Fiction under a mysterious pseudonym can still reveal certain truths - and abuse others By Pnom D. Plume


The following story is a fiction, a work of pure imagination. The figures, characters and circumstances depicted here have no relationship to true events.

In book publishing, it is the best of times, it is the worst of times. Companies, imprints, authors, editors - bosses! - are being bought and sold recklessly. Bottom-line-demonstrable success is the sole security. The big buck's in blockbusters.

So consider this: A clever executive or two conceive that top sales could be won by a novel exploiting the recognized or suspected shock values of an at-risk national presidential family and its inner circle.

That could be the big book! Could bring a company $10 million, $20 million, more in profits - feed a useful author a third of that. Do it! How?

First, product. Then, marketing.

Product's easier. There is enough stuff out there in the supermarket tabloids and quickbooks to fully populate a tale of infamous adultery, indomitable mendacity, insatiable ambitiousness - and manipulative cynicism at levels that would send Niccolo Machiavelli weeping to his mother for forgiveness.

But there's an inherent danger: There could be a dozen or more books within the year saying the same or near-same thing. Fiction or nonfiction.

Idea! A campaign built primarily on an implied contention that this truly, really is the insider's expose. Insiderism is hot. Then, vastly amplify the suspense. Start a national docu-lottery, with no prize but the joy of discovery. Of what? Of just how inside the book is.


How about a national competition for guessing the insider-than-thou author? Gotcha! The more elusive, the better.

So build up the mystery and its myrmidon, spectacular speculation. Make the oafs, the hacks, the naifs, the yearners believe, deny, debate, that each salacious passage, each sleazy stroke, comes straight from Omniscient Mouth to reader's ear. Start even before the book is published.

A name for this mystery source? A pseudonym? "Pseudonym" is too latinate. How about "Pnom D. Plume," with its faint hint of Oriental mystery?

No. Play it straight. Respect the reader, invest in dignity. Credibility's hot. Call the author "Anonymous." Lots of cred. Anon-baby has more entries in Bartlett's Quotations than anybody except whoever it was -Anon-baby, probably - that wrote the Old Testament.

So Brilliant Executive/Executives run through the list of 50 or so people who might do the job, do it marketably, with all the editorial help a big publishing house can provide. One is chosen. His/her/its agent is approached. The deal is cut. The fun begins:

1. Launch, with blaring-cornet fanfare. Feed the beast - but only light hors d'oeuvres.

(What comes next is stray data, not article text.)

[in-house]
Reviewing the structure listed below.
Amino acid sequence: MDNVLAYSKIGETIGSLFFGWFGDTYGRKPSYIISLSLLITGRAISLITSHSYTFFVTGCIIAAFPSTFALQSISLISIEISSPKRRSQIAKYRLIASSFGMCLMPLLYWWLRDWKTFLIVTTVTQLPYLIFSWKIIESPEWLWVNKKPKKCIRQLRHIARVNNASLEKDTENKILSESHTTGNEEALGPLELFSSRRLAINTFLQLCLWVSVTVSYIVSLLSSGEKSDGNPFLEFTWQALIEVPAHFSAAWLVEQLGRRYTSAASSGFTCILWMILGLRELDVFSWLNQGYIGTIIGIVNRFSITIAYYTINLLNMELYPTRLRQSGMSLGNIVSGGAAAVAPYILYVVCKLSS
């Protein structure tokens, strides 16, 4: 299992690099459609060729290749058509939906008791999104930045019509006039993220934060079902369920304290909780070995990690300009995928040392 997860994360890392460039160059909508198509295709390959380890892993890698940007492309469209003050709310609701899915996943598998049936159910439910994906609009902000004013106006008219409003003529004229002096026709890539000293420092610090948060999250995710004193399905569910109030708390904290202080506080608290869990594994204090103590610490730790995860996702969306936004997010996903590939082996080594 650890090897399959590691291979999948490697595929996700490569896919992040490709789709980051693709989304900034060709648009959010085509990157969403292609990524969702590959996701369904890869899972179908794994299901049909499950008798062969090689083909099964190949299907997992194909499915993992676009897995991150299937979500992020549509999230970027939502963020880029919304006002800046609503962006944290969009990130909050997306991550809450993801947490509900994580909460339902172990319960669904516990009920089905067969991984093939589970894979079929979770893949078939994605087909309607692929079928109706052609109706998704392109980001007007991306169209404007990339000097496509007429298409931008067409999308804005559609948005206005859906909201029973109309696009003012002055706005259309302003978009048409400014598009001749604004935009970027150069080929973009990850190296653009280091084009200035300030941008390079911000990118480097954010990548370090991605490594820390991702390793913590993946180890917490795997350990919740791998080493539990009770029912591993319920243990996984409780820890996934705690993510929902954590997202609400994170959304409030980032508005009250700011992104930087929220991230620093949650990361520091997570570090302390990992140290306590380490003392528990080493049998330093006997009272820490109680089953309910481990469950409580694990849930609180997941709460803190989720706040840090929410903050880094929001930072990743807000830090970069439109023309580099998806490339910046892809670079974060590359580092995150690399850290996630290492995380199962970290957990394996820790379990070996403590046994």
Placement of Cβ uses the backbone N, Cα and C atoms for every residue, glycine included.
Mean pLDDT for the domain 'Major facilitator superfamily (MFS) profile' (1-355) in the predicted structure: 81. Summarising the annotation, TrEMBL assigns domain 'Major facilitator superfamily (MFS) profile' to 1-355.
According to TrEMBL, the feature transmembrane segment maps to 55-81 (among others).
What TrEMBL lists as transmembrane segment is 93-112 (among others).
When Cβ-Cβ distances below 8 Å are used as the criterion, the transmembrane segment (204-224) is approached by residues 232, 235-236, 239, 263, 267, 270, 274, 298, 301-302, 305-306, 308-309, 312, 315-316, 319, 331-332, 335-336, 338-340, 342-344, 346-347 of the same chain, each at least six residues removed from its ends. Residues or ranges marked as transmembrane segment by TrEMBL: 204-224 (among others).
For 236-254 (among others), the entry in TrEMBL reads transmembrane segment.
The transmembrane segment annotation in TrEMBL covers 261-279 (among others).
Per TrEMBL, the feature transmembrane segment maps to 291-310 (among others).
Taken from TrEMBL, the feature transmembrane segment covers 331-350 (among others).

2. Use every breakfast, lunch, teatime and dinner to flatter, cajole, tempt insiders and would-be insiders to wish to be thought of as the author or as knowing the author, or as knowing somebody who must know who the author is or probably might be.

3. Dangle, drizzle, nudge and wink: Keep the chatter building. Seed just enough clues, in the book and in the rumor mills, to narrow down the speculation. Encourage reporters to go baying into the field. Reporters will howl in blood lust for the identity of a colleague who has enough money to pay his/her/its own restaurant tabs.

4. Let the hounds pick up the true scent. The author is identified. He denies all, lies outright, declaratively invests his entire, total, unequivocal professional credibility in the lie.

5. Author confides in boss. Boss allows lie to go unchallenged into the publication boss is responsible for.

6. Attenuate the winkery-and-nudgery until its usefulness begins wane, sales dwindle.

7. Launch a second-wave publicity and advertising campaign. Put off paperback sales three months. Prepare for the Big One.

8. Bomb! Drop it on the campaign's gullible handmaidens. Slip an incriminating document into useful, pulsing paws.

9. Take three deep breaths. Go for it: Stage a massive press-conference. Author revealed! Controversy explodes! Rage, tut-tuttery and I-told-you-soing.

10. Flood the market with couple of hundred thousand more copies. Up the paperback first print order.

11.Break into joyfully polyphonic victory hymns, marching, arm-in-arm, to the bank.


All that is pure fiction, of course. But I'd better fess up. I did write it. I am Pnom D. Plume, but I have often had more fun at a keyboard.

And now a thought or two on an entirely separate subject.

In this trade or craft called journalism, there is more than a mite too much self-importance and pomposity. In all of what I wistfully call my adult life, spent in newspapers and magazines, I have been uncomfortable about writing that agonizes over journalistic entrails. We should get on with the job, as quickly and honestly as we can, and let readers judge for themselves.

A lot of readers don't much trust us. A lot have deep doubts, many of which I can understand. I believe vital interests of a decent and democratic society are dangerously damaged when we earn such distrust.

I cannot escape being concerned about the effect of the "Primary Colors"/Joe Klein matter, however it evolved. I believe that finally truthfulness is not a relative matter. Truth may seldom simple or absolute, but abuse of it usually is obvious.

I believe events in the "Primary Colors" charade have caused justified distrust of those who lied and who lent themselves to those lies.

That, in turn, increases public distrust of journalism in America generally. The whole affair has made me sad. And angry. And ashamed.

Pub Date: 7/21/96

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